City looks to kickstart downtown plan

The council will consider development of new alleyways near Winslow Way.

Downtown streets may lead the way to Winslow’s tomorrow.

A City Council committee has placed road and pathway improvements at the top of its priority list in implementing the Winslow Tomorrow project.

“Winslow Tomorrow started with Winslow Way – it seems a logical place now to start new projects,” said Councilman Chris Snow, who joined other members of the Finance and Personnel Committee in recommending last week that $3 million budgeted for this year’s Winslow Tomorrow improvements focus on downtown’s network of streets and alleys.

The full council will consider the committee’s recommendation tonight at City Hall.

“Of the actual list of projects, this project should be the first priority for Winslow Tomorrow at this time,” said Councilman Nezam Tooloee, who chairs the finance committee. “If we don’t get started on it soon, the vision of Winslow Tomorrow may never emerge.”

City staff have identified a series of work projects that fit the committee’s goals, including numerous improvements to Winslow Way, a connection between Ericksen Avenue and Hildebrand Lane, new downtown alleys and the preservation of informal trails that funnel pedestrians to Winslow’s north and south reaches.

Proposed projects along Winslow Way were divided by staff into four main sections and include underground and overhead utilities upgrades, storm drain and sewer improvements, sidewalk widening and a general repave.

Acquiring right-of-ways for new streets and alleyways was also listed in the staff recommendation. A proposed new section of street connecting to Winslow Way aimed at improving traffic circulation could mean removing the building that now houses Classic Cycle and the Isla Bonita restaurant. The new “Harbor Street” could eventually link the civic campus, which includes the Playhouse and historical museum, with Waterfront Park after additional land is acquired between Town & Country Market and the downtown post office.

The controversial Ericksen-Hildebrand connection was also listed by staff. Touted as a overdue and logical link between downtown and the Village shopping center, the proposal has raised concerns from Ericksen residents who fear increased traffic through their neighborhood.

On this topic, Snow cautions that there is much room for debate ahead.

“Hildebrand needs to be dealt with,” he said. “But what we want to do is develop a concept and public process. That takes time and is expensive, so we want to get started on that.”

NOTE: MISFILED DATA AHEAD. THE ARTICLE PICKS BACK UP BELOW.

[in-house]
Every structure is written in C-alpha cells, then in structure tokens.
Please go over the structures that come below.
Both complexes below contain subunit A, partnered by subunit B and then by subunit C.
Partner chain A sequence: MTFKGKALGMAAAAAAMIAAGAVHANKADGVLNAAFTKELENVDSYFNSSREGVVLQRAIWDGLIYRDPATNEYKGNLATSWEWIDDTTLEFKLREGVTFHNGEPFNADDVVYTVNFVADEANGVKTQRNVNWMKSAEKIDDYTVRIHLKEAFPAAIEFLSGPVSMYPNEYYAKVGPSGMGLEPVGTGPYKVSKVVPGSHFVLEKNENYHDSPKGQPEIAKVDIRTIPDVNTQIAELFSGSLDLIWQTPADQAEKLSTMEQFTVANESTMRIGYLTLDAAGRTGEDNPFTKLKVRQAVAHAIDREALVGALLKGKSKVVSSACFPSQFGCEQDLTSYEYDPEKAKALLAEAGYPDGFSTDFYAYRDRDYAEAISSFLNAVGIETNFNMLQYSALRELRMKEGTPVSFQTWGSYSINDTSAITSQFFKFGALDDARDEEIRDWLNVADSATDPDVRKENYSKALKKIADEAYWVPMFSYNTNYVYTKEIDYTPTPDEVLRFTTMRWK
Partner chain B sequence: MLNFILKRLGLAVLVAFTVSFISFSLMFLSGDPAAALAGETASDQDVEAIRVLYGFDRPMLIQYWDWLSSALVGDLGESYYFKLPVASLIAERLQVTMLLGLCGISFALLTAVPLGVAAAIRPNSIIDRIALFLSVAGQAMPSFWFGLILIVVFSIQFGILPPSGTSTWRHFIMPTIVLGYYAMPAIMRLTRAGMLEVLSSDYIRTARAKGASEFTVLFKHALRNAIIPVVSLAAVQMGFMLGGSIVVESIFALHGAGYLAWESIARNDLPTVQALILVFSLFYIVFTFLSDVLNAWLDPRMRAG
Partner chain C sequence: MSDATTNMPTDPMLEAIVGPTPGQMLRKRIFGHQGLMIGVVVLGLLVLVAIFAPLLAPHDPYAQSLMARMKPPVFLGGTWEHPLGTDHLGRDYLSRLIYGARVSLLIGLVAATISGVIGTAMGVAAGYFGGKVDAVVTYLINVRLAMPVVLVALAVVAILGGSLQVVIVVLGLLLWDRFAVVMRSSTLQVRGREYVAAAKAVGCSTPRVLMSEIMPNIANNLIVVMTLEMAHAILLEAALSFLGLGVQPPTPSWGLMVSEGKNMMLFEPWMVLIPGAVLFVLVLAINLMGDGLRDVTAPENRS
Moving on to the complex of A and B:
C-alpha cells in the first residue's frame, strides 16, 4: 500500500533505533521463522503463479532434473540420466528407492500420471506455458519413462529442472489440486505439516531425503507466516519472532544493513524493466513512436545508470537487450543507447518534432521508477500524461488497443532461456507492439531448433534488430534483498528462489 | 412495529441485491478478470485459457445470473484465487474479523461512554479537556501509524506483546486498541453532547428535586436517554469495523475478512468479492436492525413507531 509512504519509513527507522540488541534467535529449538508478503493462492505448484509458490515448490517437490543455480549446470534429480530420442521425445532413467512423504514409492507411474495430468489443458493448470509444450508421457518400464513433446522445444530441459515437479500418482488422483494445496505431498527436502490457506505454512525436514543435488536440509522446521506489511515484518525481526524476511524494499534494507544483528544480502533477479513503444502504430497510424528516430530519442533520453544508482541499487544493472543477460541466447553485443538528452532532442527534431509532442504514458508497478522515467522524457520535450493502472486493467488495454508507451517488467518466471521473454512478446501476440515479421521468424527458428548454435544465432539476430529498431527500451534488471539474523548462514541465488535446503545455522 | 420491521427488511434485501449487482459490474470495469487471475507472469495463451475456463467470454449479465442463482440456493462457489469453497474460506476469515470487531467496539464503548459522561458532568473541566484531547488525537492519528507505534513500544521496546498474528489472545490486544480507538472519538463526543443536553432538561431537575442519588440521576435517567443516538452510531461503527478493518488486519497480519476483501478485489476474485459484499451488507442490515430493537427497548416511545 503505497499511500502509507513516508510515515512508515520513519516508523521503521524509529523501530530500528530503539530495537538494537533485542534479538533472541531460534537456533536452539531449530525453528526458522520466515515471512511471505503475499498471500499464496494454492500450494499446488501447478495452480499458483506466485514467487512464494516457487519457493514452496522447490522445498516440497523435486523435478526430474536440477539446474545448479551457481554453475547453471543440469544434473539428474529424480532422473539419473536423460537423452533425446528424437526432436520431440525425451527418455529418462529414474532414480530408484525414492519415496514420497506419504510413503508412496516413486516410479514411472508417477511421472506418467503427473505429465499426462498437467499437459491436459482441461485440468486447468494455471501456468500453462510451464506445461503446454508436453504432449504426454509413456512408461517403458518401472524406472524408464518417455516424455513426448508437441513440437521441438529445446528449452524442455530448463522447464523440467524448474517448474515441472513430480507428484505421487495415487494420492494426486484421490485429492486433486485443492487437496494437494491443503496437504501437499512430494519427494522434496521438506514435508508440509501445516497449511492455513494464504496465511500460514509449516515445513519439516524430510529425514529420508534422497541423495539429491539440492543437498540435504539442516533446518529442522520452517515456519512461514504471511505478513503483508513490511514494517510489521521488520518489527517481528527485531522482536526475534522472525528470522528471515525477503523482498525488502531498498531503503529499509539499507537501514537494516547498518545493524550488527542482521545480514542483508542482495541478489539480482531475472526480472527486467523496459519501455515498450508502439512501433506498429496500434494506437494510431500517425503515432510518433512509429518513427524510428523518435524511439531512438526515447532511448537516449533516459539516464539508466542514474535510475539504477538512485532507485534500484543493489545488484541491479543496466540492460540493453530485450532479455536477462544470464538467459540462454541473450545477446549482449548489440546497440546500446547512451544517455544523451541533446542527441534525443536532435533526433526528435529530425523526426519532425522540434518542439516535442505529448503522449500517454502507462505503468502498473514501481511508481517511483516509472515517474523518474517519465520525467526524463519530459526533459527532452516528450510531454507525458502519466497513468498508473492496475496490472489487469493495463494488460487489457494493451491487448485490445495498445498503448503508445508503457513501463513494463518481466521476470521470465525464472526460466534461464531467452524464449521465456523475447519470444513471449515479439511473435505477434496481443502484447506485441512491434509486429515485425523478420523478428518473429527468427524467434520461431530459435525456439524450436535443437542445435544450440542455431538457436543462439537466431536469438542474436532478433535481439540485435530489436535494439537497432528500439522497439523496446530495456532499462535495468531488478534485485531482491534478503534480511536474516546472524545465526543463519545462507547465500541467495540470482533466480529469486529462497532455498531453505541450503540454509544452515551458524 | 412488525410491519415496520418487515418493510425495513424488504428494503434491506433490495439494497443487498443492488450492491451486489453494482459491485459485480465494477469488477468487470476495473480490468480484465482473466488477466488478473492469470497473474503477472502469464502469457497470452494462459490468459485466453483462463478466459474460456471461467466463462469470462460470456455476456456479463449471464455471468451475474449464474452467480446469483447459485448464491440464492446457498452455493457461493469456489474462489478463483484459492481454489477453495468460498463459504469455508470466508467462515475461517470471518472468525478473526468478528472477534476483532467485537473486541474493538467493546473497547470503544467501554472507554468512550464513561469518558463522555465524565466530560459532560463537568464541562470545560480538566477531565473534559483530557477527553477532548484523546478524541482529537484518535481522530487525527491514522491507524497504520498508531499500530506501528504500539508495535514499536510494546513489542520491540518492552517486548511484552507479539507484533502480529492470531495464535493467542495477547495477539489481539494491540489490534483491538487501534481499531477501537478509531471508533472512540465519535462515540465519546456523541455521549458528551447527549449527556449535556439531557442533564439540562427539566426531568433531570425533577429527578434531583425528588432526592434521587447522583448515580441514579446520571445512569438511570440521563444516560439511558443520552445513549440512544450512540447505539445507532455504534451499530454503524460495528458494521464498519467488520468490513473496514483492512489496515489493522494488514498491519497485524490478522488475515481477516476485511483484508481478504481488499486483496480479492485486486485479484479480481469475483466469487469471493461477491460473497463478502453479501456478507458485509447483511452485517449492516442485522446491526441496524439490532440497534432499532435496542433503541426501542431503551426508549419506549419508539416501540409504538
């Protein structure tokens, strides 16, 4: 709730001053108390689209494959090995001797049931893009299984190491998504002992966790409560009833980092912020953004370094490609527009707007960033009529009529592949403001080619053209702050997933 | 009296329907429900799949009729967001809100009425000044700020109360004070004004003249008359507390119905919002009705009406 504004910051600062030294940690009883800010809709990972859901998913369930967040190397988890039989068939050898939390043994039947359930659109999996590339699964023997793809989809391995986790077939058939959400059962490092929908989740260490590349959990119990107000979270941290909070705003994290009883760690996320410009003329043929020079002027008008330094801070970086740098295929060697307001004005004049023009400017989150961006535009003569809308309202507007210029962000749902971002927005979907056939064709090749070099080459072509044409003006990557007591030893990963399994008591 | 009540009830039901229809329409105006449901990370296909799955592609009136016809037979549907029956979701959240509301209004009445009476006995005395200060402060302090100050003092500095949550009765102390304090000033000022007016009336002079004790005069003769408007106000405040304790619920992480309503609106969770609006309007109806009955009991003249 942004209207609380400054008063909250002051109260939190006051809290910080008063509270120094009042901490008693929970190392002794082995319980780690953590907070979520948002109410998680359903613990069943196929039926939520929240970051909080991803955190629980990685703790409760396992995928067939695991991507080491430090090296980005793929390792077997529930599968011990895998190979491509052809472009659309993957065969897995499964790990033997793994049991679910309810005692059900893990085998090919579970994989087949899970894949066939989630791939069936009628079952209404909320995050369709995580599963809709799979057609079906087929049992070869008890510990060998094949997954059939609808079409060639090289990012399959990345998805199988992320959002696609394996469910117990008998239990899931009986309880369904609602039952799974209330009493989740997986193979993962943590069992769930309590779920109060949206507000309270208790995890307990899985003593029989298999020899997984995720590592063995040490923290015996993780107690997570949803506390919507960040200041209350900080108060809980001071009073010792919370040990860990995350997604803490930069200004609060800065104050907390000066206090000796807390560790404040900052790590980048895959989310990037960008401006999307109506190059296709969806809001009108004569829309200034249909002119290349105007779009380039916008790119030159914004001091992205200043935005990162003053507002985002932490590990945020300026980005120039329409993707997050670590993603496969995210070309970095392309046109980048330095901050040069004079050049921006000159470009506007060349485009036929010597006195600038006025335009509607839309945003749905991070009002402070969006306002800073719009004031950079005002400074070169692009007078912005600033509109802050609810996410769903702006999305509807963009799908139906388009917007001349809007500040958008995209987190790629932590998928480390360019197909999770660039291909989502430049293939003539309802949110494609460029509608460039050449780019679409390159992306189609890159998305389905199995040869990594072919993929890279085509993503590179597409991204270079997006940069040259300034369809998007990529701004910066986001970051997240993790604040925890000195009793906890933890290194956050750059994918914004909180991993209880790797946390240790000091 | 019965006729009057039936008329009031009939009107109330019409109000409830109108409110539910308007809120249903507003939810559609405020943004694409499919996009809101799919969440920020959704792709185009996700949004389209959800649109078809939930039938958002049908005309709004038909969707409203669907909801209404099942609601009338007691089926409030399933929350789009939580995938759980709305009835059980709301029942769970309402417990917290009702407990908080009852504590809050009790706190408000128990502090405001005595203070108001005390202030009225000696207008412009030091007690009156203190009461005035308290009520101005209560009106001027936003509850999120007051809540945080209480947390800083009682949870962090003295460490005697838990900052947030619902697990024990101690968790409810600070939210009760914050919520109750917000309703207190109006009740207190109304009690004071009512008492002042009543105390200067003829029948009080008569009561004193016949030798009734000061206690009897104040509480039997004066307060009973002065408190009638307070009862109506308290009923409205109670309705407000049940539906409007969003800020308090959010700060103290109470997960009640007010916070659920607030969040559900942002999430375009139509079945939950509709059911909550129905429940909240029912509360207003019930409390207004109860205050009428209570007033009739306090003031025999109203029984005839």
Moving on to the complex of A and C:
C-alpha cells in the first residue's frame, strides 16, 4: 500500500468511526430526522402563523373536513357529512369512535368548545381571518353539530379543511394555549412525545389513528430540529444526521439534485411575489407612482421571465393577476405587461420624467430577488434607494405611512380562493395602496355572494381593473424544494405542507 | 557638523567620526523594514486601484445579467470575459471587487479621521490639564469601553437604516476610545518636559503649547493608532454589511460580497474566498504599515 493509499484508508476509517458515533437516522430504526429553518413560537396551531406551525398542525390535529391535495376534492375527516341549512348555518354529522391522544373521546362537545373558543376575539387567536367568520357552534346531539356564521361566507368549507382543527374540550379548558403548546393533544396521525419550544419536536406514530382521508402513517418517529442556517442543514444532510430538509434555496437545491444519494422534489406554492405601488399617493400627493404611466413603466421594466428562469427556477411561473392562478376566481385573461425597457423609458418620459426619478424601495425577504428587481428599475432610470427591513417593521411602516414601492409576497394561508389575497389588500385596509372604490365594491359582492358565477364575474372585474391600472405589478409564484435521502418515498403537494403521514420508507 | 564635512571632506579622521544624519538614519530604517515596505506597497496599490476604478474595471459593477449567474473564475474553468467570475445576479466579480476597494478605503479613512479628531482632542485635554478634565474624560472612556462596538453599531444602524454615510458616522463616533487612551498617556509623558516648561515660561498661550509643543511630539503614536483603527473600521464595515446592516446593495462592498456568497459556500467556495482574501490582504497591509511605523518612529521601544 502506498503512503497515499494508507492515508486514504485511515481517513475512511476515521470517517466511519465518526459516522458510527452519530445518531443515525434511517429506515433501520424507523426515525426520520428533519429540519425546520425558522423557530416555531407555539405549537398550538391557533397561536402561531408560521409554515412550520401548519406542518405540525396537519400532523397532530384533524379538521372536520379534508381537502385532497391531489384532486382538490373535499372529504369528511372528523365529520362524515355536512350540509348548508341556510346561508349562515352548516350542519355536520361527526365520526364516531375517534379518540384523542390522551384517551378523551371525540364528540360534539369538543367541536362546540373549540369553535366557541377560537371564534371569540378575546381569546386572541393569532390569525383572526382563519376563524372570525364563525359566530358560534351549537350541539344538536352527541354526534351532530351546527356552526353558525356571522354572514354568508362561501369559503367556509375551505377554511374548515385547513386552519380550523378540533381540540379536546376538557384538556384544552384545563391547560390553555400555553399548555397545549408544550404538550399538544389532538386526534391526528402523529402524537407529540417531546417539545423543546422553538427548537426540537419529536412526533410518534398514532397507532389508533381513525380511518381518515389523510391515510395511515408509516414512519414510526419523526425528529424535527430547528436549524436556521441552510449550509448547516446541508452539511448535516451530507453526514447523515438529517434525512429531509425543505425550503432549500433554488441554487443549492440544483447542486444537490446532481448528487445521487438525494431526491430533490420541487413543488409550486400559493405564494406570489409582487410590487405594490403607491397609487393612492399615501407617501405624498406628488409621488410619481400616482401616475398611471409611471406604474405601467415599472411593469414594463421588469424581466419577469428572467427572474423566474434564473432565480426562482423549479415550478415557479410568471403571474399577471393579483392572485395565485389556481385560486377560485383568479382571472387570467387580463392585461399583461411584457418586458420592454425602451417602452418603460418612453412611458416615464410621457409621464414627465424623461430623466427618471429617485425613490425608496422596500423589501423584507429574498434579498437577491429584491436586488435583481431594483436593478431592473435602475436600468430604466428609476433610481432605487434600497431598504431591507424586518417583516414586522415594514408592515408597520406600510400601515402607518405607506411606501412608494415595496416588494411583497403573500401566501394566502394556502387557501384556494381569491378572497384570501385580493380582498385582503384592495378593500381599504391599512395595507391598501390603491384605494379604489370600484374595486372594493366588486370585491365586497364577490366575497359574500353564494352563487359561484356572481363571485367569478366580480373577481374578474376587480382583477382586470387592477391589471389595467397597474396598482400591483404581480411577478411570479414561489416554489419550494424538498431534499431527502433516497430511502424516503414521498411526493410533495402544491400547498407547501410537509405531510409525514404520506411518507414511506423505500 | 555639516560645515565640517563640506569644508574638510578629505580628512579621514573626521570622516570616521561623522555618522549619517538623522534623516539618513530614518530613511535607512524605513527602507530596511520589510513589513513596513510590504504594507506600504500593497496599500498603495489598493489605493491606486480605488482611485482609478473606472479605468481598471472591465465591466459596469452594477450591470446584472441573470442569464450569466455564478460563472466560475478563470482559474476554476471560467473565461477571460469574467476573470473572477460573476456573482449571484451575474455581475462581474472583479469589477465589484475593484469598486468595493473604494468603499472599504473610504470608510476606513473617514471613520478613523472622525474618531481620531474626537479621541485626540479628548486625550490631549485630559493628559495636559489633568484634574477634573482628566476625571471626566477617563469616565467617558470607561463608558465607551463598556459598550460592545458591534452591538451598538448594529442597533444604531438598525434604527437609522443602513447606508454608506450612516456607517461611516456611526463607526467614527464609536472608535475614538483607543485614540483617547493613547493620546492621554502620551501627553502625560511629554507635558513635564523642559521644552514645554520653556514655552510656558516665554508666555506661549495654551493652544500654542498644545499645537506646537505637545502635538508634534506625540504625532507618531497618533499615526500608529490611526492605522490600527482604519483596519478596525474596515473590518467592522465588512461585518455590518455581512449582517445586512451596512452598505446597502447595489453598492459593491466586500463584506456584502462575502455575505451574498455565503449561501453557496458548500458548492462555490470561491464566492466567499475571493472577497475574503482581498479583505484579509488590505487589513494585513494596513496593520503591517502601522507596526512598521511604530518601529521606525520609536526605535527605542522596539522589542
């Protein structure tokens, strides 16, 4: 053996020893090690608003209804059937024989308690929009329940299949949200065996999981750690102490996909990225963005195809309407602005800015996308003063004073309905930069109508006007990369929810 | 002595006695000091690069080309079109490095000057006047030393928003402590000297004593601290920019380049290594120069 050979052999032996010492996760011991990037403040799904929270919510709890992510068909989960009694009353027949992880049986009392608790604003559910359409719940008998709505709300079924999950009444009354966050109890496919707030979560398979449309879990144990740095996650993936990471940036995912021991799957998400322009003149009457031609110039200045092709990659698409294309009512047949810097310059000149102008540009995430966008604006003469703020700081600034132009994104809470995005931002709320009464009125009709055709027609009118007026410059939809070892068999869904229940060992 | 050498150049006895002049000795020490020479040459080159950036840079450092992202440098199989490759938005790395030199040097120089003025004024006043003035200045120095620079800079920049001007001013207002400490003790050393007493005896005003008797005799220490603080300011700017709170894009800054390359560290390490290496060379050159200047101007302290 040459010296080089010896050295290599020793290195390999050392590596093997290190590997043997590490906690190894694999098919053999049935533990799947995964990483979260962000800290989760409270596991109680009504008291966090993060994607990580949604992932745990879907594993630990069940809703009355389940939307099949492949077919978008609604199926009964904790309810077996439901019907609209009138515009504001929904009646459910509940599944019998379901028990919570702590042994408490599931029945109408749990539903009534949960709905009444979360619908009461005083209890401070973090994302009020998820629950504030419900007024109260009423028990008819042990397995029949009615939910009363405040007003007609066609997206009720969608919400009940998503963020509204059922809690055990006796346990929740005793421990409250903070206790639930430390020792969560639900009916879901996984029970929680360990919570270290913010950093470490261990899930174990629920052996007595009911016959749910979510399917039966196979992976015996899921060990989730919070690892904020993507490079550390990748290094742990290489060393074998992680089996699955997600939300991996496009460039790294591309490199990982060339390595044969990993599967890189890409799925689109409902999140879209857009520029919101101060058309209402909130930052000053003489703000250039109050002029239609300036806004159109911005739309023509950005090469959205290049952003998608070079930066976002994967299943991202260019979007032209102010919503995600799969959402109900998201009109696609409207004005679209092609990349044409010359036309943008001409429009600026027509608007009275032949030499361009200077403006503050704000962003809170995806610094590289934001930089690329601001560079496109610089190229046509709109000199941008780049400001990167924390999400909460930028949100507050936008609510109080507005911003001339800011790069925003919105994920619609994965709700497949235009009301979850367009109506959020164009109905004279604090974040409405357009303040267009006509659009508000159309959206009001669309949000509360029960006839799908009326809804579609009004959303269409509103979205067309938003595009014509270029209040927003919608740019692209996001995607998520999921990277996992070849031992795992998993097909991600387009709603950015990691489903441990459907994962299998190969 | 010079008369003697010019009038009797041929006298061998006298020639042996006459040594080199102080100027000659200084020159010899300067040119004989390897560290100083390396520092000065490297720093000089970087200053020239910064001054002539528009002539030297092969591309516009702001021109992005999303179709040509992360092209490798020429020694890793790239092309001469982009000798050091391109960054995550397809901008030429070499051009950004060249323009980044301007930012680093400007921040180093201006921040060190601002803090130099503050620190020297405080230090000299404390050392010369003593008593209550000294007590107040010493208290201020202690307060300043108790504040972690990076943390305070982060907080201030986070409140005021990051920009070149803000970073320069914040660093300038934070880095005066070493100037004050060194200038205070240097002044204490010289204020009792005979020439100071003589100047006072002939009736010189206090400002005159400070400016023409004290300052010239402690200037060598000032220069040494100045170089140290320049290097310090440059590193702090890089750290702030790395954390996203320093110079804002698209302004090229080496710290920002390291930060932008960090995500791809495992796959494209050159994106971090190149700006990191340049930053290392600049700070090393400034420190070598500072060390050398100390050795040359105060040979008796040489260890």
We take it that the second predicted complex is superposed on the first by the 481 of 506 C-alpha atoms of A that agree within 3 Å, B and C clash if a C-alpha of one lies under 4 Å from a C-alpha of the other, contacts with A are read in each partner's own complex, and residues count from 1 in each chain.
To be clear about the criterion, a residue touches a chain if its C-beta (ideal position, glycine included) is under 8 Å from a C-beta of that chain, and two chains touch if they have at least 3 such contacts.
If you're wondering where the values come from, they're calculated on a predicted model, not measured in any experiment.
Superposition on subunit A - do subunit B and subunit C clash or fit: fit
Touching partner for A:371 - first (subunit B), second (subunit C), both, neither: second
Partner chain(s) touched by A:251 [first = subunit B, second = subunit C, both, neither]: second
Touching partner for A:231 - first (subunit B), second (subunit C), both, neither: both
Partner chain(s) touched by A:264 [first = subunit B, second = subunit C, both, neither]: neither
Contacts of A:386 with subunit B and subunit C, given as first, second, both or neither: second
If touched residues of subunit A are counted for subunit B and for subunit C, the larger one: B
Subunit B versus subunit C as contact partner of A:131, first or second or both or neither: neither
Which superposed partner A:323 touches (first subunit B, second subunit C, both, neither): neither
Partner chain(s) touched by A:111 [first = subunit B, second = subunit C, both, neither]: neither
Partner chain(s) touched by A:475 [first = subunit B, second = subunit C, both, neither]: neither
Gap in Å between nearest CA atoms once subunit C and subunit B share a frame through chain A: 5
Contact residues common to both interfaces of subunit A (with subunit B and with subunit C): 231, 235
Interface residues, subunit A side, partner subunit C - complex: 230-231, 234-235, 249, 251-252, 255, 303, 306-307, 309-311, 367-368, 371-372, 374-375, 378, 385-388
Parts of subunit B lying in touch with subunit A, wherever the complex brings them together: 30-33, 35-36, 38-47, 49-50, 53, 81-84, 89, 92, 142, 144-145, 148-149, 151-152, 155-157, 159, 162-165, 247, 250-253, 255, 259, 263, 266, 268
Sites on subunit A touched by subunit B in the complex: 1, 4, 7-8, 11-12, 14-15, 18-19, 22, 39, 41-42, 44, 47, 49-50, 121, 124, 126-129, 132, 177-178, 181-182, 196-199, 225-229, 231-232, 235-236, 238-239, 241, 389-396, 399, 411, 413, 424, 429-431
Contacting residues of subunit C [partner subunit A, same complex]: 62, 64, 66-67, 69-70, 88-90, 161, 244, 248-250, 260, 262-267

Snow also emphasized that the the city will initiate a new series of public discussions about Winslow Tomorrow.

“We have to get more buy-in from the public,” he said. “Winslow Tomorrow may go in fits and starts, but one thing it’s not doing is going away.”

The committee also emphasized in its recommendation to council that parking structures and parking lots should not rank high as one the city’s immediate priorities for implementing the Winslow Tomorrow project.

Snow said the parking garage option is one of many that could alleviate downtown’s parking challenges. It’s also one of the most costly and could require a bond to meet its likely $15 million price tag.

Councilman Bill Knobloch, who expressed disappointment last week at the council’s decision to put aside development of a downtown parking garage, said he is anxious to see Winslow Tomorrow’s recommendations quickly implemented.

“I don’t care what arena it’s in,” he said. “Let’s take a first step that’s a community benefit.”

Winslow Tomorrow’s project manager Sandy Fischer said road improvements will put a good foot forward and ranks as one of three top goals identified during the Winslow Tomorrow process.

“We want to fix parking, rebuilt the streets and infrastructure and change the codes for development rights and parking,” she said. “If we move forward on one of those things, that’s great.”


Port of Bainbridge?

The City Council will discuss the possibility of establishing a port authority to manage Eagle Harbor at tonight’s meeting.

“There’s a lot of focus on our harbor,” said Councilman Bill Knobloch. “If a port authority came along, we’d have an independent agency devoting all its resources to managing the harbor.”

Knobloch listed numerous issues the port authority could potentially undertake, including negotiations with the state over the ferry maintenance yard, the new Anchoring and Mooring Plan, the possibility of establishing a city marina, dealing with derelict vessels and regulating inner-harbor liveaboards.

“The bottom line is (the city) can’t do it all at once,” Knobloch said. “We don’t have the manpower.”

City Harbormaster Tami Allen, who essentially covers many of the areas Knobloch identified as possible port authority duties, said she knows very little about the proposal.

“Ports are shipping ports,” she said. “I don’t see the connection (for Bainbridge Island). We’re not a major shipping port.”

She expects council discussion about establishing a port authority could lead to research on other small ports in the region, including the ports of Allyn in Mason County and Manchester in south Kitsap County.

Knobloch also has some reservations about such an undertaking.

“The port at Poulsbo I hear had a real financial blow-up and is now in debt,” he said. “Right now, we’re just throwing this idea on the table and trying to find out if it’s right for us.”

The council will discuss the possible formation of a port authority at 8:45 p.m. tonight at City Hall.

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